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Warren Gerds/Critic at Large: Kenny Rogers’ ties to Northeastern Wisconsin folks run deep

Critic At Large

Including a precocious girl and creative people

Area native Kelly Junkermann, left, poses with Kenny Rogers in association with the musical “The Toy Shoppe,” which the two wrote. (Publicity photo)


From shows to movies to photos, the legend of entertainer Kenny Rogers has many connections in Northeastern Wisconsin – and that doesn’t count all the people who saw his stage performances.

The country music icon died Friday night at age 81.

This is the tip of an iceberg of stories around Kenny Rogers that are tied to the area:

+ Kelly Junkermann, who grew up in Green Bay and Manitowoc, was a tennis pro with Rogers as a student, then pro-amateur tournament partner, then collaborator on a slew of projects.

In 1987, Junkermann came to Green Bay plugging a large photo portrait book that he assisted Rogers on, “Your Friends and Mine.” Subjects in the well-received book include President Ronald Reagan, Elizabeth Taylor, Michael Jackson, Muhammad Ali, Bob Hope, Phil Collins, Cary Grant and Liza Minnelli. Photography was sometimes a 16-hour-a-day obsession with Rogers, Junkermann said.

At the time, Rogers had just finished his third “Gambler” TV miniseries. Rogers not only could sing, he could act and ride a horse. Soon, Junkermann was riding along with him in the fourth and fifth “Gambler” miniseries as co-executive producer and idea man.

Woven in were music tours by Rogers, and Junkermann was aboard for them in many capacities, notably as producer and director.

Rogers and Junkermann created “The Toy Shoppe,” a touring musical blending elements of “A Christmas Carol,” “It’s a Wonderful Life” and “Toy Story.” The show was an annual visitor to Northeastern Wisconsin for a decade.

In 1988, Junkermann recalled making the TV special, “Kenny Rogers Classic Weekend,” a breezy hour of entertainment and celebrity sports set on Rogers’ 1,200-acre spread in Georgia. Junkermann said Rogers said, “Boy, I should have ‘Lifestyles of the Rich and Famous’ come down here.” Instead, this happened, Junkermann said: “We called (Larry) Bird, (Michael) Jordan and (John) McEnroe, and they all said, ‘It sounds great.’ It was amazing to get those three guys right off the top.”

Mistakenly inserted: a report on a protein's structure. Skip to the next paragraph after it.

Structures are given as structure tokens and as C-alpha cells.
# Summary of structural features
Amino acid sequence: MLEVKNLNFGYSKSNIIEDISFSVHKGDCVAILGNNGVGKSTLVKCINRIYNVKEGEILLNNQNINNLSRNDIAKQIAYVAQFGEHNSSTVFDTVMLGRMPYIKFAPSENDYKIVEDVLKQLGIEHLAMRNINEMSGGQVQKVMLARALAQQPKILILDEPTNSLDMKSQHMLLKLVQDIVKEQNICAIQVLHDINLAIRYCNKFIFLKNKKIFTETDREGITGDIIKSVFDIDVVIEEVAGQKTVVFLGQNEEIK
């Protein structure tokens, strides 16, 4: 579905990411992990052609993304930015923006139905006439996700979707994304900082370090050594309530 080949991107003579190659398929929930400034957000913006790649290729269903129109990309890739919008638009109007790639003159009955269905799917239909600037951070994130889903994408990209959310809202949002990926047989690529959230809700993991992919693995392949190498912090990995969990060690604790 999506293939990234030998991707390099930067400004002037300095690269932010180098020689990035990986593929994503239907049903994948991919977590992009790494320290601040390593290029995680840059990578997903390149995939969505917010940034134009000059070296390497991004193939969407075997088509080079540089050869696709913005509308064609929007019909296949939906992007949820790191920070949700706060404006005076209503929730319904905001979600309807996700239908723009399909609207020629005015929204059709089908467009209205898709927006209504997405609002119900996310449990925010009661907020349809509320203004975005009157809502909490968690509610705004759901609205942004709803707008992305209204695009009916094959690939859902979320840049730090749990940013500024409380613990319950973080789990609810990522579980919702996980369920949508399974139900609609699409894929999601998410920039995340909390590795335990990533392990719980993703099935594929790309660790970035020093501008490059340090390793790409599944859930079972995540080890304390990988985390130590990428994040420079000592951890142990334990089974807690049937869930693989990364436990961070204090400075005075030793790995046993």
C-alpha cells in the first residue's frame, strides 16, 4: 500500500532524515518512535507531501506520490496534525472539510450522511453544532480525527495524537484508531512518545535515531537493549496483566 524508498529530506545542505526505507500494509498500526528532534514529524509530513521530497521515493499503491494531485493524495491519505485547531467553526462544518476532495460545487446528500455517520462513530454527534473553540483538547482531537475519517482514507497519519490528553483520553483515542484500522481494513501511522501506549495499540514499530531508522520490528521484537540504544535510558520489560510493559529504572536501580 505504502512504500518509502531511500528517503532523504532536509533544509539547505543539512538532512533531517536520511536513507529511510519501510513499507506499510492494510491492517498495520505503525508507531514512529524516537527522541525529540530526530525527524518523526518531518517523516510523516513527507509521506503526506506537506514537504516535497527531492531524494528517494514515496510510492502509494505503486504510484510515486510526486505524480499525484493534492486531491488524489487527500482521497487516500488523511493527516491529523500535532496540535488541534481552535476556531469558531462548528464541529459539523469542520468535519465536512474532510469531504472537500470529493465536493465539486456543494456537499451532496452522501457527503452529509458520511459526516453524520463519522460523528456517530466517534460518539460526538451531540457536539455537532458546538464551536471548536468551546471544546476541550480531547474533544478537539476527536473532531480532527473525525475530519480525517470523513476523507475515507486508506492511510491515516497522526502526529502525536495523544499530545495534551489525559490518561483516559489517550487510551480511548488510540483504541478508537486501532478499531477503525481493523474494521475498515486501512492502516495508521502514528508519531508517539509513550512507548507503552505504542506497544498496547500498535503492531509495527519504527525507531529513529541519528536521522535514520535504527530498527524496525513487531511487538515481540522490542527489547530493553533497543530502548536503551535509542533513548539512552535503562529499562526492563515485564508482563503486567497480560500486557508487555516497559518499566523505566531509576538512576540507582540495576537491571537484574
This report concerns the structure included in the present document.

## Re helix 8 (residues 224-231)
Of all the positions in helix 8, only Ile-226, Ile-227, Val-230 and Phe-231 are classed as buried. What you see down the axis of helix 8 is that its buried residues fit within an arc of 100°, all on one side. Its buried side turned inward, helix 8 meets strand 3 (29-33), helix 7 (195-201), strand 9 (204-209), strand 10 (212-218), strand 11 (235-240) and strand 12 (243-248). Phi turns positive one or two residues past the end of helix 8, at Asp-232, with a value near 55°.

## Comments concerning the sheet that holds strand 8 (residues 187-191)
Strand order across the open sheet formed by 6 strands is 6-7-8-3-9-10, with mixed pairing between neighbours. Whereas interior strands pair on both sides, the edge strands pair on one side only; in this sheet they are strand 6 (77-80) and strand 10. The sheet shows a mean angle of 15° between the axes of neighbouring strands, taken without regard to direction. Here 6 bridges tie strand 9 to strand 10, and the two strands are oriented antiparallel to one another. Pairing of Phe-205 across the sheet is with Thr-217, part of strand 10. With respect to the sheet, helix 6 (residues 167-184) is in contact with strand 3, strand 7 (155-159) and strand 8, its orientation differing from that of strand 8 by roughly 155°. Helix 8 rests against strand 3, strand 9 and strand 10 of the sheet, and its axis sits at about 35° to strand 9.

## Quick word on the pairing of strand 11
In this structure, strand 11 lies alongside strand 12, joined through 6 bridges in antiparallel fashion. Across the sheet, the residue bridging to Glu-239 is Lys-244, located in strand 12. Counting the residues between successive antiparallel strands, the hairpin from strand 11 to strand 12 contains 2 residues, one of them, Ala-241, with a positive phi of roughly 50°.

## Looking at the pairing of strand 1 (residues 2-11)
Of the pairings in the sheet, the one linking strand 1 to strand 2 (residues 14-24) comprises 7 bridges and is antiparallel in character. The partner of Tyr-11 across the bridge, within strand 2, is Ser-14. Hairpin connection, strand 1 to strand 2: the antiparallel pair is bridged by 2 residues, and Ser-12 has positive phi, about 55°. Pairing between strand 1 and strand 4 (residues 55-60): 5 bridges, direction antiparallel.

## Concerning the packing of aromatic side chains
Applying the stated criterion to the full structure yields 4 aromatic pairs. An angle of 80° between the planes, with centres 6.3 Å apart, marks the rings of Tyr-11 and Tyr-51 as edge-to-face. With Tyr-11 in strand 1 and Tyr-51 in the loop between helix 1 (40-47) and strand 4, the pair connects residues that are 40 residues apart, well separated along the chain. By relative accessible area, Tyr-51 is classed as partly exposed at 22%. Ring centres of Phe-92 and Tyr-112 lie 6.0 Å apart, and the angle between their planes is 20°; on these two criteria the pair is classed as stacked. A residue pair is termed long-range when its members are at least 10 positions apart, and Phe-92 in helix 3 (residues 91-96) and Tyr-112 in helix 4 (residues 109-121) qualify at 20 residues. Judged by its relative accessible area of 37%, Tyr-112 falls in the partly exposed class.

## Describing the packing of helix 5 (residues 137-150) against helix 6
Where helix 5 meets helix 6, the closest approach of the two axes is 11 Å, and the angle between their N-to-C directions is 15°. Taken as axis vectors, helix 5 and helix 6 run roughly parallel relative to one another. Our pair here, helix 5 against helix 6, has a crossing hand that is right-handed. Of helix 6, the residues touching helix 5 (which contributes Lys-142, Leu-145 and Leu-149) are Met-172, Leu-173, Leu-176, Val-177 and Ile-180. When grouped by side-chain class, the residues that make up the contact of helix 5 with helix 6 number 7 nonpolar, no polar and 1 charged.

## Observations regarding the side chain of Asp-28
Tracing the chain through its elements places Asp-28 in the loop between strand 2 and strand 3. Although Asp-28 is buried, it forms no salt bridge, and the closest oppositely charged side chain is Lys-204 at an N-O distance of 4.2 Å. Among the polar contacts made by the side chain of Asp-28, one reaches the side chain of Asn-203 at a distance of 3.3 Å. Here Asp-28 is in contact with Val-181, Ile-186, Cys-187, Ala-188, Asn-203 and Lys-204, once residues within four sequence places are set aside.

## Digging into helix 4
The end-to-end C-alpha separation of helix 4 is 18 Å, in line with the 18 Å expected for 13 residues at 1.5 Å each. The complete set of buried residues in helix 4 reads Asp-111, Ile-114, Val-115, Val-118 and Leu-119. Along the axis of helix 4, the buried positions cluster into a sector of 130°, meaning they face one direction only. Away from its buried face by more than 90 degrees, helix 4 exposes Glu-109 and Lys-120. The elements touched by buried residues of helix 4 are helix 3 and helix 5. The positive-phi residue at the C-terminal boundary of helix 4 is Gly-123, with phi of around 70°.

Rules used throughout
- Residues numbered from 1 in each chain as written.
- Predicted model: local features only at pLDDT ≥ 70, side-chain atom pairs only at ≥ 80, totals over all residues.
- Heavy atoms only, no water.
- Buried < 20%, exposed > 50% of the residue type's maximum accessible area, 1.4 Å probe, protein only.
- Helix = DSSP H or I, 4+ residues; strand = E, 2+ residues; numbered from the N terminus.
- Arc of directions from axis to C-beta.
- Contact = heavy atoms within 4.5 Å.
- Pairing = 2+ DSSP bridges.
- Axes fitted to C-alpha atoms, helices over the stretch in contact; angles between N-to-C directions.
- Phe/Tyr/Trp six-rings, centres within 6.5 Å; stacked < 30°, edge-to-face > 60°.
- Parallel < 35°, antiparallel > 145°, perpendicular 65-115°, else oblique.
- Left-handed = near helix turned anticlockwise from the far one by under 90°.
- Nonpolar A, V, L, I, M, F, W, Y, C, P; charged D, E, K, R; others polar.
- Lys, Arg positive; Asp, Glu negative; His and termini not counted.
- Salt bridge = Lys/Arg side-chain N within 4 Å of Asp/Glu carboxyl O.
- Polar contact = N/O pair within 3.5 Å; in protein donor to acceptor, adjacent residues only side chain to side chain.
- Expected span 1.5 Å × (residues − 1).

+ Maggie McGinn Dame was an effervescent 8-year-old girl in De Pere when she was picked to appear in a Kenny Rogers Christmas show not only in Green Bay but on tour. The icing on the cake was appearing in a CBS-TV special filmed in Branson, Mo. Maggie McGinn was seen all the way through the special, including the final freeze frame of her raising an arm in conquest. “I hope I get offered another show,” she said at the time, 1992. “I’m going to keep on going.” Most recently, she has been lead singer with the local band Red Clover. She also sang in Let Me Be Frank Productions shows.

Also along to perform for part of the 1992 tour were these Green Bay area youngsters: Curtis Bannister, Andrea Bougie, Reed Heintzkill, Kevin Honnett, Bobby Maher and Brooke Stangeland. Training them for four songs was Sarah Baugnet, a Notre Dame Academy senior.  

+ Graphic artist Jerry Wanek of Manitowoc was part of the “Wisconsin Gang” of workers associated with some of Rogers’ “Gambler” movies and then stage shows. Kelly Junkermann and Jerry Wanek were high school buddies and long-time colleagues. Wanek was production designer for the movies, stage shows based on Junkermann ideas and such TV specials as CBS’s “A Day in the Life of Country Music.” The latter included a scene with Rogers photographing Hillary Rodham Clinton as President Clinton stops by for a chat.

Speaking of putting together a Rogers show, Wanek said in 1993, “It’s really got to be a nice piece… Some performers don’t know the difference between good art and bad art. Kenny certainly does.”

+ The legend of Kenny Rogers’ connection seems to go back to 1969. The story at one of the local TV stations (not WFRV) is a free-lance producer came to the station with the idea of making a series of instructional shows on how to play the guitar. The guitarist came in, and the shows were filmed, but the series died on the vine. Eventually, the film was tossed out. The guitarist was Kenny Rogers.

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